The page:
The battle for Beersheba began at dawn on 31st October 1917 when the British infantry began attacking with artillery and air support combined with infantry attacks. By mid-afternoon the British had failed to capture the town. The situation had become serious – horses and men needed water. In the late afternoon, looking at a potential defeat the order was given to the Australian Light Horse to charge the Turkish trenches protecting the town.  800 mounted Light Horsemen, armed with bayonets not cavalry sabres, charged over 6 kilometres of open ground towards Beersheba. Initially the Turks opened fire with shrapnel. This was ineffective against the widely spaced horsemen. They then used machine guns. which were quickly silenced by British artillery. The charge caught the Turkish defenders off guard. They failed to allow for the speed of the charge and had little time to recalibrate their weapons for close range fighting.  The Light Horsemen, whose horses could apparently smell the water, jumped over the trenches. Some men dismounted and attacked the enemy with rifle and bayonet from the rear. Others galloped ahead and captured the town and its vital water wells.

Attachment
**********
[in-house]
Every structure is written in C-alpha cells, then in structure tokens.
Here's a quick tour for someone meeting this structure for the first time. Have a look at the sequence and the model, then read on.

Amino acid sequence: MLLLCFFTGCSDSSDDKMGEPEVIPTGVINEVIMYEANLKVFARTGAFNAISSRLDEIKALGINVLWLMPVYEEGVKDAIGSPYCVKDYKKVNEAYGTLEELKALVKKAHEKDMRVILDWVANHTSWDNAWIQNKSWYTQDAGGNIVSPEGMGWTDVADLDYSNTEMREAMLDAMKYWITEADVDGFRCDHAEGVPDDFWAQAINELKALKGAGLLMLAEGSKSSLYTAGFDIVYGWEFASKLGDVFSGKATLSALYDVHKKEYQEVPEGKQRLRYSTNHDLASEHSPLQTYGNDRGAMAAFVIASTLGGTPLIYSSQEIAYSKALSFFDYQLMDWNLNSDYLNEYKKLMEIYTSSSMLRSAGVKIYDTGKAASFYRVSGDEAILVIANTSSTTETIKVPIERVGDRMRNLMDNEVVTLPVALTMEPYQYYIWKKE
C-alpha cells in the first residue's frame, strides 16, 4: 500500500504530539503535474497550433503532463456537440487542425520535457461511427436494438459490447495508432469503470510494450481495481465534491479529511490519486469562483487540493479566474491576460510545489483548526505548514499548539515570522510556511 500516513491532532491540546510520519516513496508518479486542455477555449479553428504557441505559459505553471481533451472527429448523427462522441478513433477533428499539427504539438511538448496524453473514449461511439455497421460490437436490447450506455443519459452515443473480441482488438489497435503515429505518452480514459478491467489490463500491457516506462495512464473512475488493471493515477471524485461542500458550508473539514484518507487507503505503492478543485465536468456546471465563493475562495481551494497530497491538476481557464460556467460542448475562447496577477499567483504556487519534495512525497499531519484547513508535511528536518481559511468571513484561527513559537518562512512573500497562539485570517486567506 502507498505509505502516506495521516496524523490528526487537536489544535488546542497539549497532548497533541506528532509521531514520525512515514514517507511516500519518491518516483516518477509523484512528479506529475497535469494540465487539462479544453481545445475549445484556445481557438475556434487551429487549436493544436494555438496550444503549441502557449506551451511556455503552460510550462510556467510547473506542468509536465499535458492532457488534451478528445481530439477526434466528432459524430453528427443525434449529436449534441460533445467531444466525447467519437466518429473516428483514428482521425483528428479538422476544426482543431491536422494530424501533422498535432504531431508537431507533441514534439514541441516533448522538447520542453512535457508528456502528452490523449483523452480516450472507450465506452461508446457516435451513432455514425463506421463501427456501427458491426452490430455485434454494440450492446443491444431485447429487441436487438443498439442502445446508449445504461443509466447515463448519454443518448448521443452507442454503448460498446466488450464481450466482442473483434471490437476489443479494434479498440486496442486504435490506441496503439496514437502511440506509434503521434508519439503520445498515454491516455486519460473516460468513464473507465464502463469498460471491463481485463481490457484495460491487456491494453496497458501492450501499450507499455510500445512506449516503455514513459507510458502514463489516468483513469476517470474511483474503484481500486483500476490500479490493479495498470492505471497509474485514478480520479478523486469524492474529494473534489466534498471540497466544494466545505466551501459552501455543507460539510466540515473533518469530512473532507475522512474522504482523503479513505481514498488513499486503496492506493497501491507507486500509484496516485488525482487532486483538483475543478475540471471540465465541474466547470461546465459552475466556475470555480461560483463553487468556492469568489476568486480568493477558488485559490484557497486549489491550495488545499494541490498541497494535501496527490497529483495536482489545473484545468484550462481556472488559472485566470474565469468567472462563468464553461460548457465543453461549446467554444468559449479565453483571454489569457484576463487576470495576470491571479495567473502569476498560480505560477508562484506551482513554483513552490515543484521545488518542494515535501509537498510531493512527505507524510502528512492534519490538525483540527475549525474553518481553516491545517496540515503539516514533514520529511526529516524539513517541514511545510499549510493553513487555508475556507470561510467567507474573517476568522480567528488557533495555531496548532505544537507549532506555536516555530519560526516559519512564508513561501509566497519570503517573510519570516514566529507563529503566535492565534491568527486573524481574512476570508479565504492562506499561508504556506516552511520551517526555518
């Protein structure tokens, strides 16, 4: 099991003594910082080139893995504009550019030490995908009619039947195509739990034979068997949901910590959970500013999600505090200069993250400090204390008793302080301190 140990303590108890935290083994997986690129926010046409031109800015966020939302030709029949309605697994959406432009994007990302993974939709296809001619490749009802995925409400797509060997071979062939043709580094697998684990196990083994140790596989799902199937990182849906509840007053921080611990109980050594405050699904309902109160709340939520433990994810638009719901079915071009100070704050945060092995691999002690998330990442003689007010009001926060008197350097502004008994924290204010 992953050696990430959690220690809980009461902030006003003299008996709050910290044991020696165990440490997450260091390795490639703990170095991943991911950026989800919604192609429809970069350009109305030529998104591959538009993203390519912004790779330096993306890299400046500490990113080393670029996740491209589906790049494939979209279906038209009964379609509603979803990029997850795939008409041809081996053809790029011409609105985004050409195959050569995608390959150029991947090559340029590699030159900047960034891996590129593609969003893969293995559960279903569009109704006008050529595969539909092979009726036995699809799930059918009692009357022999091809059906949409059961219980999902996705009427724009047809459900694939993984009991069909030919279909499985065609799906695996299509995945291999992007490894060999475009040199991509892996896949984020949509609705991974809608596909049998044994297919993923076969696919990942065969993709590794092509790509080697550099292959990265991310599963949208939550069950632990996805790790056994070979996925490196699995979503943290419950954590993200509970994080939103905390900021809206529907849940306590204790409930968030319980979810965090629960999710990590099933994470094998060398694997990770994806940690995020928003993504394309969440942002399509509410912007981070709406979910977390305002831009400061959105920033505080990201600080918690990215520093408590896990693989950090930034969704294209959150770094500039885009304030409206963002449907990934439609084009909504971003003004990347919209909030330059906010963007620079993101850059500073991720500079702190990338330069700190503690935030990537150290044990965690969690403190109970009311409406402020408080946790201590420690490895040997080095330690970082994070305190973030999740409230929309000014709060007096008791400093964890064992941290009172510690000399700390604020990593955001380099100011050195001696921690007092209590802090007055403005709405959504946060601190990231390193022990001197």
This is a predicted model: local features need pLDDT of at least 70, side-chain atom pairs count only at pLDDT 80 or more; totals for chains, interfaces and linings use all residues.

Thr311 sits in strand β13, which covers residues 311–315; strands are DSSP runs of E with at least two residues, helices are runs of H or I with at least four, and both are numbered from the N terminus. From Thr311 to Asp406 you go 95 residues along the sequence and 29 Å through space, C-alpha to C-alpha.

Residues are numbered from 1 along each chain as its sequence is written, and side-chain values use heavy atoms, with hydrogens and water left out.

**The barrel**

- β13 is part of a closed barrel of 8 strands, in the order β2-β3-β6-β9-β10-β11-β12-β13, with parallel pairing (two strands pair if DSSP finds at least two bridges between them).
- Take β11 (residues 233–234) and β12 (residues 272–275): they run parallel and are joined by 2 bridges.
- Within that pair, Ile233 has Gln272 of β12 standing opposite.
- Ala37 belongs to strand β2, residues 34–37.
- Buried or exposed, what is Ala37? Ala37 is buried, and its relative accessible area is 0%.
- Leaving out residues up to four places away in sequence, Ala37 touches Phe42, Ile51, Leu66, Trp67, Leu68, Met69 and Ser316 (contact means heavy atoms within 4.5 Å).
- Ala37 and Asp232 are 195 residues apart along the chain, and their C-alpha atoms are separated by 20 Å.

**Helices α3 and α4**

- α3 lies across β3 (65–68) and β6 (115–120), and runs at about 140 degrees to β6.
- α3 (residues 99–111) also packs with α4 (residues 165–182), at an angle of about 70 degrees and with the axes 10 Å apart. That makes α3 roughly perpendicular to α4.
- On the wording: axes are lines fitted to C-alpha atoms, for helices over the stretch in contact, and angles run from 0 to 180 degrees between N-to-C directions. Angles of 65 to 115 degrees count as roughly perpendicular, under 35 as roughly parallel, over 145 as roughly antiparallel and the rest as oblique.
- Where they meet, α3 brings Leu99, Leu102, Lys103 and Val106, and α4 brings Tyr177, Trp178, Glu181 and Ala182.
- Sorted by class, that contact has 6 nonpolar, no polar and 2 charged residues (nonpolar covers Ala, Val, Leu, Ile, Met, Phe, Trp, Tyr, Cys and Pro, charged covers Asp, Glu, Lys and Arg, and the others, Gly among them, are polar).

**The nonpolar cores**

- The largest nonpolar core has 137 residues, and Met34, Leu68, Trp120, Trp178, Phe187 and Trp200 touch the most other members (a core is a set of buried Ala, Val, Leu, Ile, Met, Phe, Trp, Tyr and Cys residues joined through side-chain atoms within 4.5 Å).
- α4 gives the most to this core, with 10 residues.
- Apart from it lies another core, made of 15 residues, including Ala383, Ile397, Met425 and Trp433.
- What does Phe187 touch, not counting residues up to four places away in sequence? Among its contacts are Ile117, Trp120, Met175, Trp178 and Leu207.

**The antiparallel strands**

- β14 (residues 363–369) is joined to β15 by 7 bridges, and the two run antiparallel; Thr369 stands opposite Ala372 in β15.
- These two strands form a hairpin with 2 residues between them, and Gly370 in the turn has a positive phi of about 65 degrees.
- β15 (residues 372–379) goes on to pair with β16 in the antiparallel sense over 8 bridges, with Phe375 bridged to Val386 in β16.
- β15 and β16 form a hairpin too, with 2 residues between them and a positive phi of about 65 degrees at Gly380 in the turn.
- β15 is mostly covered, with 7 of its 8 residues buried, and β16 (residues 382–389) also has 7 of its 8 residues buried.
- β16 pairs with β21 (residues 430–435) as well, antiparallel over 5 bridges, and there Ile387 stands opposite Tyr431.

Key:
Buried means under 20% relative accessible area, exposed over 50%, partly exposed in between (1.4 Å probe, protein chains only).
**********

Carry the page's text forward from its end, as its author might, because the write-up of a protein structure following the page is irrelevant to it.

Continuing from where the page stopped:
If the Allies had failed, over 60,000 troops would have been stranded in the desert without water. If they didn’t prevail, men and their horses who had already been without water for two days faced dying of thirst. It was also the first major victory for the British army over the Turks in World War I. More importantly, the Battle of Beersheba was a precursor to capturing the city of Gaza. The city barred the way north to the important cities of Jerusalem and Damascus. Within a week Gaza fell, and the Allies marched north routing the Turkish troops. The campaign to secure the Sinai Peninsula ensured the Suez Canal remained open to Britain and its allies and led to the collapse of the 400 year old Otterman Empire.